Had some business in Yeoncheon today — just a hop, skip and a jump from Cheorwon — so I popped by the famous Nodongdangsa, or former Cheorwon office of the Workers’ Party of Korea.

Sintan-ni Station

Sintan-ni Station

Sintan-ni Station

Yeoncheon’s Sintan-ni Station is the end of the line… at least in South Korea. Prior to the national division, the Seoul-Wonsan Line used to run all the way to, well, Wonsan. Now, it ends at Sintan-ni. With Mt. Godaesan nearby, you’ll find tons of hikers.

Former Cheolwon Office of the Workers’ Party of Korea

Former Cheolwon Office of the Workers' Party of Korea (Nodongdangsa)

Former Cheolwon Office of the Workers' Party of Korea (Nodongdangsa)

Former Cheolwon Office of the Workers' Party of Korea (Nodongdangsa)

Former Cheolwon Office of the Workers' Party of Korea (Nodongdangsa)

Former Cheolwon Office of the Workers' Party of Korea (Nodongdangsa)

Former Cheolwon Office of the Workers' Party of Korea (Nodongdangsa)

Former Cheolwon Office of the Workers' Party of Korea (Nodongdangsa)

Former Cheolwon Office of the Workers' Party of Korea (Nodongdangsa)

Former Cheolwon Office of the Workers' Party of Korea (Nodongdangsa)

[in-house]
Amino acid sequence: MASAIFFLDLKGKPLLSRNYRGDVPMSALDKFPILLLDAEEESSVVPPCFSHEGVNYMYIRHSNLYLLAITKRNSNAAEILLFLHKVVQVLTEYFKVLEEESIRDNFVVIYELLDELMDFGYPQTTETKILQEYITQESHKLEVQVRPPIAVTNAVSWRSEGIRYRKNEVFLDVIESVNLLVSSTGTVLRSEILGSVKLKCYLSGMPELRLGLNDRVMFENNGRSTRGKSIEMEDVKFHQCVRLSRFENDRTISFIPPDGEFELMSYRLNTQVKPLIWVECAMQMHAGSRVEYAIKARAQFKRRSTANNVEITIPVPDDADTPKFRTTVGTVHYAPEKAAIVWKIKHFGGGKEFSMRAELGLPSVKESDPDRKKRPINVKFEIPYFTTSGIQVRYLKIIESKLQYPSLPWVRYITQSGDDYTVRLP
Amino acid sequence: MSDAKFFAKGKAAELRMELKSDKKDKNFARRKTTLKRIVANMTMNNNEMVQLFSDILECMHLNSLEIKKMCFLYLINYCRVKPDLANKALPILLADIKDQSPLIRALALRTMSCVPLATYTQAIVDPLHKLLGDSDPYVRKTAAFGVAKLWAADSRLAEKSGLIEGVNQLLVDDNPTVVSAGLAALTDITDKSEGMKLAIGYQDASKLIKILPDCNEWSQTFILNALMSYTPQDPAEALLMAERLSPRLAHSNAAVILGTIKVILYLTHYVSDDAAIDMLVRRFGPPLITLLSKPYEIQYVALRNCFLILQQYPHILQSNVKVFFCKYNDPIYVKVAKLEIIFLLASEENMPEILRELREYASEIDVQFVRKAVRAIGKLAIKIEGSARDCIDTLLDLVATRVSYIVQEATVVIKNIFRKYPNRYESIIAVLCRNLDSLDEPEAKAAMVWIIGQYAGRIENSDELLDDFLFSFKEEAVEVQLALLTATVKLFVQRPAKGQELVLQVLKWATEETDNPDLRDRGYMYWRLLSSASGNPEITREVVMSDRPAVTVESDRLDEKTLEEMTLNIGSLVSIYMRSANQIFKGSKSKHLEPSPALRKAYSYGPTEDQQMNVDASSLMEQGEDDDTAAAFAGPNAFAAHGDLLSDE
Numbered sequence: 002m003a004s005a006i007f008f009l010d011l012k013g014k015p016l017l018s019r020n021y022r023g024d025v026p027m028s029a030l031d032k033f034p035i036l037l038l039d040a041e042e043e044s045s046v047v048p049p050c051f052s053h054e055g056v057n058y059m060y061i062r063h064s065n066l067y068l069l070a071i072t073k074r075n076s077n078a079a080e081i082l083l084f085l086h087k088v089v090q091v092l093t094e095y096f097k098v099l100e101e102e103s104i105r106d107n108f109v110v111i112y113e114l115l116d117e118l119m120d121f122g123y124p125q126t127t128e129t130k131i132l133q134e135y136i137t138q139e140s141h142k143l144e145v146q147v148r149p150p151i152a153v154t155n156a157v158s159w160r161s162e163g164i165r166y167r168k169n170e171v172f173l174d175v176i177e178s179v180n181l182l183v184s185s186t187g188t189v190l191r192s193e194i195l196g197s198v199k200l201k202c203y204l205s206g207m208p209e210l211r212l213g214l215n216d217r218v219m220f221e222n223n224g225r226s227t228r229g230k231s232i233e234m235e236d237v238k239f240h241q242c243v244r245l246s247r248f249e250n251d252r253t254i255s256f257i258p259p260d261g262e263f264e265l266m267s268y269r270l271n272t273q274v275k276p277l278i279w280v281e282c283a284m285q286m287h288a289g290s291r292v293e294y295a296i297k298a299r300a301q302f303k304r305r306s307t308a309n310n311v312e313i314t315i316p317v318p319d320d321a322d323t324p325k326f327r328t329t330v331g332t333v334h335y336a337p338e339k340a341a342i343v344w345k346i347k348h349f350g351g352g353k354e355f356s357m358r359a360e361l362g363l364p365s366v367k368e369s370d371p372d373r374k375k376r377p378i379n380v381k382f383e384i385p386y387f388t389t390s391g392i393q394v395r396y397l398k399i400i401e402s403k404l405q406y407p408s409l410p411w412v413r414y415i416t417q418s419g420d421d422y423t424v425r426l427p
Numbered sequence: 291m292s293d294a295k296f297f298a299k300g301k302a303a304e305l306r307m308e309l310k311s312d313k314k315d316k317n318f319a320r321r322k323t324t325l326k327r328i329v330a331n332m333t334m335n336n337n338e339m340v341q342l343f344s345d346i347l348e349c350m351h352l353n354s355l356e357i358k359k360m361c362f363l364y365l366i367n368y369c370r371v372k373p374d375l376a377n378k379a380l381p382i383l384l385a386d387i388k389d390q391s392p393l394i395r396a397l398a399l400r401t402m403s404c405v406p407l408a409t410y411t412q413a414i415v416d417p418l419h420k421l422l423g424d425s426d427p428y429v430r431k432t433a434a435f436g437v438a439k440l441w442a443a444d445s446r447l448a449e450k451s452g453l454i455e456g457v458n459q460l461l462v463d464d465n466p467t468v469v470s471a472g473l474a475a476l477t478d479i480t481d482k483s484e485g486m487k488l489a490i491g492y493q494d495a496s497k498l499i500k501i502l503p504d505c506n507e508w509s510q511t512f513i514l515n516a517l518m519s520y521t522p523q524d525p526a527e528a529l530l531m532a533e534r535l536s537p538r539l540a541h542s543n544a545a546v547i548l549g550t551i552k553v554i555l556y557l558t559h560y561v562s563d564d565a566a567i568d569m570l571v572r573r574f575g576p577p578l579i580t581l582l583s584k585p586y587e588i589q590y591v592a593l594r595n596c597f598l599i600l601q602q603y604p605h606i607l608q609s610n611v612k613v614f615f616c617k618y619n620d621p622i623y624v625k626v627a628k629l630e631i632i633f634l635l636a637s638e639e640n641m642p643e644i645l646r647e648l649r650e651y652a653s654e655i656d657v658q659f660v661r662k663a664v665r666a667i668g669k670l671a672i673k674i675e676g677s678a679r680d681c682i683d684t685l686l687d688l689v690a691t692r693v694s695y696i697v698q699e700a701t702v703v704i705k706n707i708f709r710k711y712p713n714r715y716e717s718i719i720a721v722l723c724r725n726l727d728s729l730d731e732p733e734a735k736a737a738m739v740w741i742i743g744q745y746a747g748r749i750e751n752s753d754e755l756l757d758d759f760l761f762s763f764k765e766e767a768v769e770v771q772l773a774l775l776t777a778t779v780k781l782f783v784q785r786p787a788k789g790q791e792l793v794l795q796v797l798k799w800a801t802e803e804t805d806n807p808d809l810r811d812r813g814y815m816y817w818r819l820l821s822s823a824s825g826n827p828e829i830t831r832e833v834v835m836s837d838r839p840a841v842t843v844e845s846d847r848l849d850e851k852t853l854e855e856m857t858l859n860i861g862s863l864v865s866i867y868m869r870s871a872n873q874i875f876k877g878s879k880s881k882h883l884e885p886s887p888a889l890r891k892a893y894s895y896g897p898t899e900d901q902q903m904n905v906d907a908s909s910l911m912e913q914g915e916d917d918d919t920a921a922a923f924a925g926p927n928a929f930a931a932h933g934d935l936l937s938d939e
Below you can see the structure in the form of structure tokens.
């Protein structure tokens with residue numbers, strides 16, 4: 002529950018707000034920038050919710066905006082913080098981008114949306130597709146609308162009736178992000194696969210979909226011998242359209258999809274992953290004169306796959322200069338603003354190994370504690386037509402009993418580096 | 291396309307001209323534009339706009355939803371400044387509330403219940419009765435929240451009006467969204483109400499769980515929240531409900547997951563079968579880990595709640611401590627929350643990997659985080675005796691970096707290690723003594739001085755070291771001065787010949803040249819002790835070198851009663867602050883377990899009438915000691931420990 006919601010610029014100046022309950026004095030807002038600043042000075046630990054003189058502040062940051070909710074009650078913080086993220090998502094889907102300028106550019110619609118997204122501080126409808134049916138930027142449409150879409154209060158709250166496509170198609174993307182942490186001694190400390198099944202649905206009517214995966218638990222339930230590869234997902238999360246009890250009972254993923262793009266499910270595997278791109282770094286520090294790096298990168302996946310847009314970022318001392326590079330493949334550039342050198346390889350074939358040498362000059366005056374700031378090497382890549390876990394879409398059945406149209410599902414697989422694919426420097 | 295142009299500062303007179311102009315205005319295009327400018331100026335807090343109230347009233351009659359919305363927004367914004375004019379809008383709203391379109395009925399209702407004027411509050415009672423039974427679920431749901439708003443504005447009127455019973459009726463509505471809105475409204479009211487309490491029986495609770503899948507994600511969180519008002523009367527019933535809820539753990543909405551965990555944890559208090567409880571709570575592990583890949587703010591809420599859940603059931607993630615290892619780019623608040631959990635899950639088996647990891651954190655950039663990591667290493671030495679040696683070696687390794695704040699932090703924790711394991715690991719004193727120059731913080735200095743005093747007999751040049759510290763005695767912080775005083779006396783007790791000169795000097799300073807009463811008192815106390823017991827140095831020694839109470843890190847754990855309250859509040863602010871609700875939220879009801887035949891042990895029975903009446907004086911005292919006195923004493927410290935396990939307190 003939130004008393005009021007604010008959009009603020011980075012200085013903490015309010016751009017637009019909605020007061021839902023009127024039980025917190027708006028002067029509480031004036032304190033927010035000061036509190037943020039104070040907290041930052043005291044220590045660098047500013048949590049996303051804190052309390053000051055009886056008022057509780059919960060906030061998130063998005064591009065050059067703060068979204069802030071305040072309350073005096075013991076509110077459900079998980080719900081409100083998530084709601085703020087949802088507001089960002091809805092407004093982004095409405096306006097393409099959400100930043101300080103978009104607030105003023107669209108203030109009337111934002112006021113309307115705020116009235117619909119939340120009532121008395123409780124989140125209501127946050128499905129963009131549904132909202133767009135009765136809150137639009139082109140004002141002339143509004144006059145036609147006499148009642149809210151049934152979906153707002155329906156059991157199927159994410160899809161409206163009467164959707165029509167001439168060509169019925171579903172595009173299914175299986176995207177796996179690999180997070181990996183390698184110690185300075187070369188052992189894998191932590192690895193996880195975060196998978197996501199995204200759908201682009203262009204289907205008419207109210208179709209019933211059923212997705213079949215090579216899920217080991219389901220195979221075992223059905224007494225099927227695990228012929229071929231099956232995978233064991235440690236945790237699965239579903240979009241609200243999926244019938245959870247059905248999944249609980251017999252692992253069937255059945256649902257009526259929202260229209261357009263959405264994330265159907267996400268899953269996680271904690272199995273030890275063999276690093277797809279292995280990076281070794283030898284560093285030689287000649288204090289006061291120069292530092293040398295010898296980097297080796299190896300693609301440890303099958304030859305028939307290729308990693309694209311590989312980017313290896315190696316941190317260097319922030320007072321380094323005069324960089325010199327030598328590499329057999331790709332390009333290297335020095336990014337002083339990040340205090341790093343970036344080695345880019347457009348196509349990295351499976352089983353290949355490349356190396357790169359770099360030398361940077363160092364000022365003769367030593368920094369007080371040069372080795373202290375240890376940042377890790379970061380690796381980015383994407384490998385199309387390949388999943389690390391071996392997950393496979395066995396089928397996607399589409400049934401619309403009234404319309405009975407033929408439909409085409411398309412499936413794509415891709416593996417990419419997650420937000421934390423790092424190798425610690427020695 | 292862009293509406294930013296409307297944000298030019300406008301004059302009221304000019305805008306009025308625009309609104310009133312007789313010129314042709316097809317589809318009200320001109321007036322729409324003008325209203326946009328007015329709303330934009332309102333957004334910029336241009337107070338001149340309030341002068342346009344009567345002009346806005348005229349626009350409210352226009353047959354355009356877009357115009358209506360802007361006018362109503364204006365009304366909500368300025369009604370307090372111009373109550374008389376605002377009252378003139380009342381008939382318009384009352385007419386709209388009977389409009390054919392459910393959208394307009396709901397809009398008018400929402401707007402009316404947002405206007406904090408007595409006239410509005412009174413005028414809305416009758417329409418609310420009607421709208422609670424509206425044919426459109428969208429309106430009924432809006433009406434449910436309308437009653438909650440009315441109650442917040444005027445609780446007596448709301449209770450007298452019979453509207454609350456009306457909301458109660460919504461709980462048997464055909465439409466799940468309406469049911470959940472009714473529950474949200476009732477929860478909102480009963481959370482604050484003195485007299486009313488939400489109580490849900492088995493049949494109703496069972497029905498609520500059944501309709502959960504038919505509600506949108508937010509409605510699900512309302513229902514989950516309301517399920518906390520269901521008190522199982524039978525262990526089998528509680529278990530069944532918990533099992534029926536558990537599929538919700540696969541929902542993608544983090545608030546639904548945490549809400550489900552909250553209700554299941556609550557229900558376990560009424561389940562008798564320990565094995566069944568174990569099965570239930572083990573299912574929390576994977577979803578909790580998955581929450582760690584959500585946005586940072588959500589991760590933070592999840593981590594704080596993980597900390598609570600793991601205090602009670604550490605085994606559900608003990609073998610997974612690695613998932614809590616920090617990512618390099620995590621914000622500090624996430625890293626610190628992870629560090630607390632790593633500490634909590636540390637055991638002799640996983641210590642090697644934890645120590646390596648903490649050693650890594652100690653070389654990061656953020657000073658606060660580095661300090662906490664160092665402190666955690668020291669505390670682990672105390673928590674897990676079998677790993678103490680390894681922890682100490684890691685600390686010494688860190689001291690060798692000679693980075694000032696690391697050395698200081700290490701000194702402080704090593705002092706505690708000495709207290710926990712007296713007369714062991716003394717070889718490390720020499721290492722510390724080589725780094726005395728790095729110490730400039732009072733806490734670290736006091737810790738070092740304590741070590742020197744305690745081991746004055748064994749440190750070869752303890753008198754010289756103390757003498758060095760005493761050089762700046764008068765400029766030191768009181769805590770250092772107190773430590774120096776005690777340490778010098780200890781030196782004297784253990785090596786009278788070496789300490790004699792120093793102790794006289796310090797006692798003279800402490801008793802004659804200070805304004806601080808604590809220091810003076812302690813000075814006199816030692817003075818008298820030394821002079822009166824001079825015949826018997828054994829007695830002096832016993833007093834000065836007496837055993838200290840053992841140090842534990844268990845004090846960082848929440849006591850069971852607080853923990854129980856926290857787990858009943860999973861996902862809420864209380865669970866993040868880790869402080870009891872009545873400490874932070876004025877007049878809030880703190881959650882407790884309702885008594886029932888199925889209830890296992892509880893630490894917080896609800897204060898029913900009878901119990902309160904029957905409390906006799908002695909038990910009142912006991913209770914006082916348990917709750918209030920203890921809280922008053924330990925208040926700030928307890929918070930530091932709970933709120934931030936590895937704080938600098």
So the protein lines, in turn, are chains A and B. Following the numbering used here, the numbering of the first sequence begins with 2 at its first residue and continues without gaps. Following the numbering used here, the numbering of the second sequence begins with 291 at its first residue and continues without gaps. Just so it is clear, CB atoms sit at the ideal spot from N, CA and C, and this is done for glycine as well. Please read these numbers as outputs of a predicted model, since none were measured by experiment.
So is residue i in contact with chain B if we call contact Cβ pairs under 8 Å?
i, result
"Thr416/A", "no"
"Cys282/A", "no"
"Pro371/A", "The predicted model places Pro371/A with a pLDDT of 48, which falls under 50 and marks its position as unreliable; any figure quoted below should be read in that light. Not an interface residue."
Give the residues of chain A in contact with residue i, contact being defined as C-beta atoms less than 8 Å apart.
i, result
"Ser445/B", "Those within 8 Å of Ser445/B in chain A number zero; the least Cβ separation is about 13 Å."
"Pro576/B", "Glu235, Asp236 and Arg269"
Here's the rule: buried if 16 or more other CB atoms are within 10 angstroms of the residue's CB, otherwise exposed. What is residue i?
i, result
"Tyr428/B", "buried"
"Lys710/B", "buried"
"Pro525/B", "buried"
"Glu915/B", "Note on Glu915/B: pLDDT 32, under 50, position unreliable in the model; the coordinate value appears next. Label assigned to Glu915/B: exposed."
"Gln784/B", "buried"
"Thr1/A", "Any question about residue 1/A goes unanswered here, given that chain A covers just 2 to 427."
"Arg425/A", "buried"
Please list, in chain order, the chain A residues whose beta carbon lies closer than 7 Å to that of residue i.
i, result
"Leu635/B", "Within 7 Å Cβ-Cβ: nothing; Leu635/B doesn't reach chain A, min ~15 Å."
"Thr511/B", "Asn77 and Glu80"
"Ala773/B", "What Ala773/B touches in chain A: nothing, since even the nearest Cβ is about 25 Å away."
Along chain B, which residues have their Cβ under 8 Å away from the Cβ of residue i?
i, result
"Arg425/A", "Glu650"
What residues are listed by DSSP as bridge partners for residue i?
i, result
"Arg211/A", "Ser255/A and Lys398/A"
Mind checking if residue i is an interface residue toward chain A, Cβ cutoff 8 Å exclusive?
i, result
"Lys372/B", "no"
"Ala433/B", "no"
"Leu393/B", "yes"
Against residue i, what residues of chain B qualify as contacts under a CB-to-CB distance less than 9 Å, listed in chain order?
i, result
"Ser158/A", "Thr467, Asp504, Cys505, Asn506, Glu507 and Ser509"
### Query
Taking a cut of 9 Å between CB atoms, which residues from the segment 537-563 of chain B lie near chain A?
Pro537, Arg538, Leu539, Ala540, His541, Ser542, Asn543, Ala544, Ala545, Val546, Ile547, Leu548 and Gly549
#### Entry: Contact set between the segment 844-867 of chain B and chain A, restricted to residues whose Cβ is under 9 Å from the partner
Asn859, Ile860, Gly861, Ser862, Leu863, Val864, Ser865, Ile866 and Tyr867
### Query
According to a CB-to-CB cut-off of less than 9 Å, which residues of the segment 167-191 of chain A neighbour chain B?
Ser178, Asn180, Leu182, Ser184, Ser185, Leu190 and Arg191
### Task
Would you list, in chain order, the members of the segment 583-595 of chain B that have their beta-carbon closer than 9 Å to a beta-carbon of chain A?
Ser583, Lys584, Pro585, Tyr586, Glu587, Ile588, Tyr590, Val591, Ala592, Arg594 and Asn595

The former Cheorwon office of the Workers’ Party of Korea (KWP) is one the most powerful — and painful — reminders of Korea’s national division.

Constructed in Soviet style using Soviet building techniques, this concrete edifice was erected in 1946 to serve, as the name would suggest, as the regional headquarters of the KWP. The KWP, of course, is North Korea’s ruling party, and the Cheorwon area — located as it is north of the 38th parallel — originally fell under North Korean administration. Then came the Korean War, and when the armistice ending the fighting was finally signed in 1953, South Korean/UN forces controlled Cheorwon…after some brutal fighting in the so-called “Iron Triangle.”

The area where the ruins of the KWP office are located used to be the downtown of a fairly large town — before the war, Cheorwon was a major road and railway hub. During the war, however, the town was wiped off the map. And it was never rebuilt — Cheorwon’s downtown is now located quite some distance away, while the old downtown is nothing more than scattered ruins in the rice paddies. It’s all very surreal.

You have to give Soviet-style engineering credit, though — the KWP office managed to survive relatively intact, even if repeated artillery bombardment caused the roof to collapse. The bullet marks on the walls testify to the building’s violent history, although only part of it — to even build the structure, the North Koreans forced contributions from local residents and mobilized forced labor (although only KWP members were allowed to work on the interior). It’s said anti-communists were tortured and killed here as well.

UPDATE: Did I mention the Seungil-gyo Bridge (see also here) is nearby, too?